DAKAR, SENEGAL —
Amnesty International says Nigeria’s military has killed thousands of people during its fight against the Boko Haram extremist group.
Human rights group Amnesty International says Nigerian soldiers and militiamen have murdered, tortured and abused thousands of detainees since March 2011.
An Amnesty report released Wednesday says detainees have been rounded up in mass sweeps in towns and cities in the country’s northeast, taken to makeshift prisons, where some died of thirst, hunger and suffocation or were poisoned by chemicals sprayed into their cells.
The report says suspects have been hung on poles over fires or hit with electric batons during interrogations. It says others have been murdered, sometimes by the hundreds.
Map of Nigeria showing the location of Bama and Maidiguri, in Borno State
The Amnesty report says at least 1,200 people were extrajudicially executed, and at least 7,000 died in military custody during the period they studied.
Solomon Sacco, a senior legal adviser for Amnesty, said, “We have evidence from witnesses that they get so thirsty that they have to drink each others’ urine just to stay alive and even the urine runs out. We have received testimony of prisoners being shackled and hung from the ceiling while tortured by the military.”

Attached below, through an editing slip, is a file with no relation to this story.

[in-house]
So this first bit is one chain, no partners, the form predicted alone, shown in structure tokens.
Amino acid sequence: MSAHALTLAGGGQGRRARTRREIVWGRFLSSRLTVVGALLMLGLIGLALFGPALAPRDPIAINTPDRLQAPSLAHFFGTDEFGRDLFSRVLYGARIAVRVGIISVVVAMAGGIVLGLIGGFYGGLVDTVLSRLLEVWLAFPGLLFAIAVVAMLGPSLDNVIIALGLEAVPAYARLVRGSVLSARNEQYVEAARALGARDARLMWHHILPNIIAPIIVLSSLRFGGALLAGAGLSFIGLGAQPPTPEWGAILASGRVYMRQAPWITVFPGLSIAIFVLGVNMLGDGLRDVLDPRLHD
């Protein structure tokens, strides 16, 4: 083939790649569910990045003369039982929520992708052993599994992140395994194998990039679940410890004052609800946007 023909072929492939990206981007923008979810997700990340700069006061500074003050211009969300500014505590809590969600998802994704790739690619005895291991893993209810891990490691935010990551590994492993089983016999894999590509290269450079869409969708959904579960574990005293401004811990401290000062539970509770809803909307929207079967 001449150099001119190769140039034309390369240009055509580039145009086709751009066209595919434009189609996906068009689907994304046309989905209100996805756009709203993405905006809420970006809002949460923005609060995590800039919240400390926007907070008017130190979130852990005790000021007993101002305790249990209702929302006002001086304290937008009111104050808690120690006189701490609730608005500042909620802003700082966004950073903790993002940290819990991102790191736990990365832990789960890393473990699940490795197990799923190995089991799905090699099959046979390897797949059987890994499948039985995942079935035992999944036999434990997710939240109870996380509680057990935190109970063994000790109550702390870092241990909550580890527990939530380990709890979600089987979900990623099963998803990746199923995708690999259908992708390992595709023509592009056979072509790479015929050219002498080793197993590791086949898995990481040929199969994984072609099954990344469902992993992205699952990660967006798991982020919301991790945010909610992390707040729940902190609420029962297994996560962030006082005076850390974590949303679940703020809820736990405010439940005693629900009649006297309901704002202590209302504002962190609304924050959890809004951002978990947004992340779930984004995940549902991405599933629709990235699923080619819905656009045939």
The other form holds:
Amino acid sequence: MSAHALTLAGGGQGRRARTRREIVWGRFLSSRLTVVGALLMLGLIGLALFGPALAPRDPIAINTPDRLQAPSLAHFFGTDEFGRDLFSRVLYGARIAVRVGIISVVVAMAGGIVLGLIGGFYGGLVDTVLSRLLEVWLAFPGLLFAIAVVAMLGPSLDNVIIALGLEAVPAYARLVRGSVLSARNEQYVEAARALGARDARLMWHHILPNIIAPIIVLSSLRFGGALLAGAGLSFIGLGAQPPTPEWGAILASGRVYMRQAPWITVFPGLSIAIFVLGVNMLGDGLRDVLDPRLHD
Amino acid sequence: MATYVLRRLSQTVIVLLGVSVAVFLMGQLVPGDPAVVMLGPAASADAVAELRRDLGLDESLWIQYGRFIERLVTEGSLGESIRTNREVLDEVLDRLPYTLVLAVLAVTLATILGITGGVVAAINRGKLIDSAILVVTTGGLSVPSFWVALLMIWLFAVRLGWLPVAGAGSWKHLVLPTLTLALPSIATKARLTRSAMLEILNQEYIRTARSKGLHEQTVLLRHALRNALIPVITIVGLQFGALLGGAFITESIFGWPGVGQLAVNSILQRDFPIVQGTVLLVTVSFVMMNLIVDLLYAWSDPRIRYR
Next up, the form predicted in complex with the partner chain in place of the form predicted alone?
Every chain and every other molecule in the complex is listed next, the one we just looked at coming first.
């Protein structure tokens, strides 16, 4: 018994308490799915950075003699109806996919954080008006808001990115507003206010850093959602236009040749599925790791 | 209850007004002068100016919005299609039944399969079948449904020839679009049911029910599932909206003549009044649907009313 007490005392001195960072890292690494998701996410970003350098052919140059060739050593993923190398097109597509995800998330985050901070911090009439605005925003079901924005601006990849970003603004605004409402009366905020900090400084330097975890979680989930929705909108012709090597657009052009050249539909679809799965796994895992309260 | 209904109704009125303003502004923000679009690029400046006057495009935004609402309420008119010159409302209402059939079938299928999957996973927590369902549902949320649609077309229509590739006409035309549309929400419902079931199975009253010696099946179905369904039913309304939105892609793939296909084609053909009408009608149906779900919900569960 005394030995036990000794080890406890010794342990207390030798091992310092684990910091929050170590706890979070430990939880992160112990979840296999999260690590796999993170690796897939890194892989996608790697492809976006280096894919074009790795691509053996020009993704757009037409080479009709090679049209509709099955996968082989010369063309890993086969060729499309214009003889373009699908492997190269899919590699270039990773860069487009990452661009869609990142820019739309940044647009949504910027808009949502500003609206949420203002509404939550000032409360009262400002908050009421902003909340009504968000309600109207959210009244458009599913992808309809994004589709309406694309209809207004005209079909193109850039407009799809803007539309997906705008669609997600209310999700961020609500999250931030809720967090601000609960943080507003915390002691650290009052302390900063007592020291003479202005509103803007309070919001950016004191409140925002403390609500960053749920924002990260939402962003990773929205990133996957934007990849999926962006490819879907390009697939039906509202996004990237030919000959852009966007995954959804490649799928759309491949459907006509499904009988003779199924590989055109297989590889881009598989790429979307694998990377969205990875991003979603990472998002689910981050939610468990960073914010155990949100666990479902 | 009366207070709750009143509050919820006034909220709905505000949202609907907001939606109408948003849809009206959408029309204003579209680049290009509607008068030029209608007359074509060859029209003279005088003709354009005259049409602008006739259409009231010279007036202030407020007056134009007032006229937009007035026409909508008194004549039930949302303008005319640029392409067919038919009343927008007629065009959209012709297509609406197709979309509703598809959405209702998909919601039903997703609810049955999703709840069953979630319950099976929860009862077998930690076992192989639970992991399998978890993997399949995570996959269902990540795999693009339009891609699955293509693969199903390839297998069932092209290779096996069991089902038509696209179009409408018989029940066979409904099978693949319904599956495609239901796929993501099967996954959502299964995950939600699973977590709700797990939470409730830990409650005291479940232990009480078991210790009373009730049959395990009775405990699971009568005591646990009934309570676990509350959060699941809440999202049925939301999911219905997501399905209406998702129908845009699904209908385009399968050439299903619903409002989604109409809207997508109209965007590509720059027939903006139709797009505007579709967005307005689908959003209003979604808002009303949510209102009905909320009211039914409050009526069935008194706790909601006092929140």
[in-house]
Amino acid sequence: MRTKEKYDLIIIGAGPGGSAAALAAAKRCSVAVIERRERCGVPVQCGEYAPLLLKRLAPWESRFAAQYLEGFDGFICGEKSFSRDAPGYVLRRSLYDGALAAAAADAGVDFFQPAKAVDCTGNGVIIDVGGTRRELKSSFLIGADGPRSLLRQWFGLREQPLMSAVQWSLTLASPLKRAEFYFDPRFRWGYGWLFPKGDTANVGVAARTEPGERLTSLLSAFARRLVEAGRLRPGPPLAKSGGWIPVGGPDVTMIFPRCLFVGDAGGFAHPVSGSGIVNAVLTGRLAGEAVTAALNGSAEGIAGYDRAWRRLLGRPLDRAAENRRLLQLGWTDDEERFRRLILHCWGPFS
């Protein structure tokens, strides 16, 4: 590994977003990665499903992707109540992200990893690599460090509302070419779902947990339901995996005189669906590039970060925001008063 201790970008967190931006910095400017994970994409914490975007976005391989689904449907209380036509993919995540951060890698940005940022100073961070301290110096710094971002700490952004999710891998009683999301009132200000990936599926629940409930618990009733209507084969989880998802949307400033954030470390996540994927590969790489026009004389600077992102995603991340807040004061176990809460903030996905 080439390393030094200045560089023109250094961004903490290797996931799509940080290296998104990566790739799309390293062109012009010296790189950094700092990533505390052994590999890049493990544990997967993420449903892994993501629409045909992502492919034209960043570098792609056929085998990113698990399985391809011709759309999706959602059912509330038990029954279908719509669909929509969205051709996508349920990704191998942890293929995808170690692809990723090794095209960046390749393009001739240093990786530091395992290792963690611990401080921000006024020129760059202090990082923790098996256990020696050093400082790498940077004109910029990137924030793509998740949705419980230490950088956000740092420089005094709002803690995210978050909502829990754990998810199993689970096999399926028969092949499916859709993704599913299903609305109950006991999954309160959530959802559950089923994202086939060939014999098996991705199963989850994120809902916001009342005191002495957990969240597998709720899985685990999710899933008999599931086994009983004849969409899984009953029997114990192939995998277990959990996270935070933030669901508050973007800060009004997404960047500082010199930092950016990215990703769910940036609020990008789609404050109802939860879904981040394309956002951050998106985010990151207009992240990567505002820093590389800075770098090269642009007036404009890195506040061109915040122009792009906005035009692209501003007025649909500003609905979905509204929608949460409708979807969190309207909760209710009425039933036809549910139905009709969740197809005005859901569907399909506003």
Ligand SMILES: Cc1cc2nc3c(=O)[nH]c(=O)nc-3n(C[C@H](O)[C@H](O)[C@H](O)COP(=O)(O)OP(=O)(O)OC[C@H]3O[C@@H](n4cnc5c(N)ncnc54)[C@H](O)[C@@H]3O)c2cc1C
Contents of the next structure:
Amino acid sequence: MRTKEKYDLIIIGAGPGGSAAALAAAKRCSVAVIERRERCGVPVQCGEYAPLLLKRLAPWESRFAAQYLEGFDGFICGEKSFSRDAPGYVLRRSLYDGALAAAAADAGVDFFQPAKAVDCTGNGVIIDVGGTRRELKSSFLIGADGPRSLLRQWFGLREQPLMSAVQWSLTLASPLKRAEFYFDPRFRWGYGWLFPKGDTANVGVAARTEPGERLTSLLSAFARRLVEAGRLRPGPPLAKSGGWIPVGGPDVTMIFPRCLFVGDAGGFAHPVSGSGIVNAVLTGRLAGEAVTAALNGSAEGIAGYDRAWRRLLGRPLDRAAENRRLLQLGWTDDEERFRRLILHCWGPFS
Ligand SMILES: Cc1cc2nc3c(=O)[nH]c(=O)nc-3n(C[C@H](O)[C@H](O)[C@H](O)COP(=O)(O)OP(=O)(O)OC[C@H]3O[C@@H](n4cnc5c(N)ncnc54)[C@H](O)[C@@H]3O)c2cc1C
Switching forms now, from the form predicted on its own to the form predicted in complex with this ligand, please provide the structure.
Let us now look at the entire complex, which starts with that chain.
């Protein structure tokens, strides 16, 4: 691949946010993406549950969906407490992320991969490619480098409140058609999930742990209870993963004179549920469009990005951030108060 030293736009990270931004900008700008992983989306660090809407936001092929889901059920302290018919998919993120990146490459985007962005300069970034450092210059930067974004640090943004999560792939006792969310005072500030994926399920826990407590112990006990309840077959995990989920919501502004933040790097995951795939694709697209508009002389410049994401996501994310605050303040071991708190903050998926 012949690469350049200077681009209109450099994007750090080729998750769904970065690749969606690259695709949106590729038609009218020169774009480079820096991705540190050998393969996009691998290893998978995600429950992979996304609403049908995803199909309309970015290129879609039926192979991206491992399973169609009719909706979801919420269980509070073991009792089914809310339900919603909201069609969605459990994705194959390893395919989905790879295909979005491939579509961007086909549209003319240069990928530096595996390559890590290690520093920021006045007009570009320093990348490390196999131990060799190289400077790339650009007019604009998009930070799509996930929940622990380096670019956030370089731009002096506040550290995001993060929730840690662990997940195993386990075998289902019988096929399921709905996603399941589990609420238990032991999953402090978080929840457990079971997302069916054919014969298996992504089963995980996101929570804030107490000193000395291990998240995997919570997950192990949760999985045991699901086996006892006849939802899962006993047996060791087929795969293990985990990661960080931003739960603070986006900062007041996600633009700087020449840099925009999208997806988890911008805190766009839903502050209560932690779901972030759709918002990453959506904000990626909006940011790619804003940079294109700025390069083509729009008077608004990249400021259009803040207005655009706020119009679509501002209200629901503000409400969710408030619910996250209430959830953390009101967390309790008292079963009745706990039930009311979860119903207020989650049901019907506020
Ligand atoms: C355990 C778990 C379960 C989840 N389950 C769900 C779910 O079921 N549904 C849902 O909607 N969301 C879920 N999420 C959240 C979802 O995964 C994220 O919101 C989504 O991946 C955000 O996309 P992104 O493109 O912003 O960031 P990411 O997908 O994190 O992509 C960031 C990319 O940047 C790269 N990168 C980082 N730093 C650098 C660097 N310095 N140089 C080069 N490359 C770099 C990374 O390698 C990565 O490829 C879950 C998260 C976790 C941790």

A spokesman for Nigeria’s military did not answer calls for comment.
Several human rights groups have said previously that Nigeria’s military and the vigilante groups who fight alongside them have committed rights abuses in the northeast.
The region has seen heavy fighting in recent years as the Boko Haram insurgent group battles for control of towns and villages. The Islamist group wants to implement strict sharia law in the region.
What is new about this report is that it names nine commanders responsible for the alleged brutality, including the current chiefs of army, defense staff and their predecessors. Those positions are among the highest ranking in Nigeria’s armed forces. The report says these men should be investigated.
Nigeria has been fighting Boko Haram since 2009, and despite recent advances has yet to fully neutralize the group. Sacco said its becoming clear the military’s excesses are undermining its fight.
“Evidence demonstrates that you cannot fight the atrocities and war crimes of Boko Haram by committing atrocities and war crimes of your own,” he said.
Other countries, including the United States, have provided training and equipment to Nigeria’s military. Sacco said Amnesty has uncovered no evidence that any soldiers trained by Nigeria’s partners were involved in the abuses documented in the report.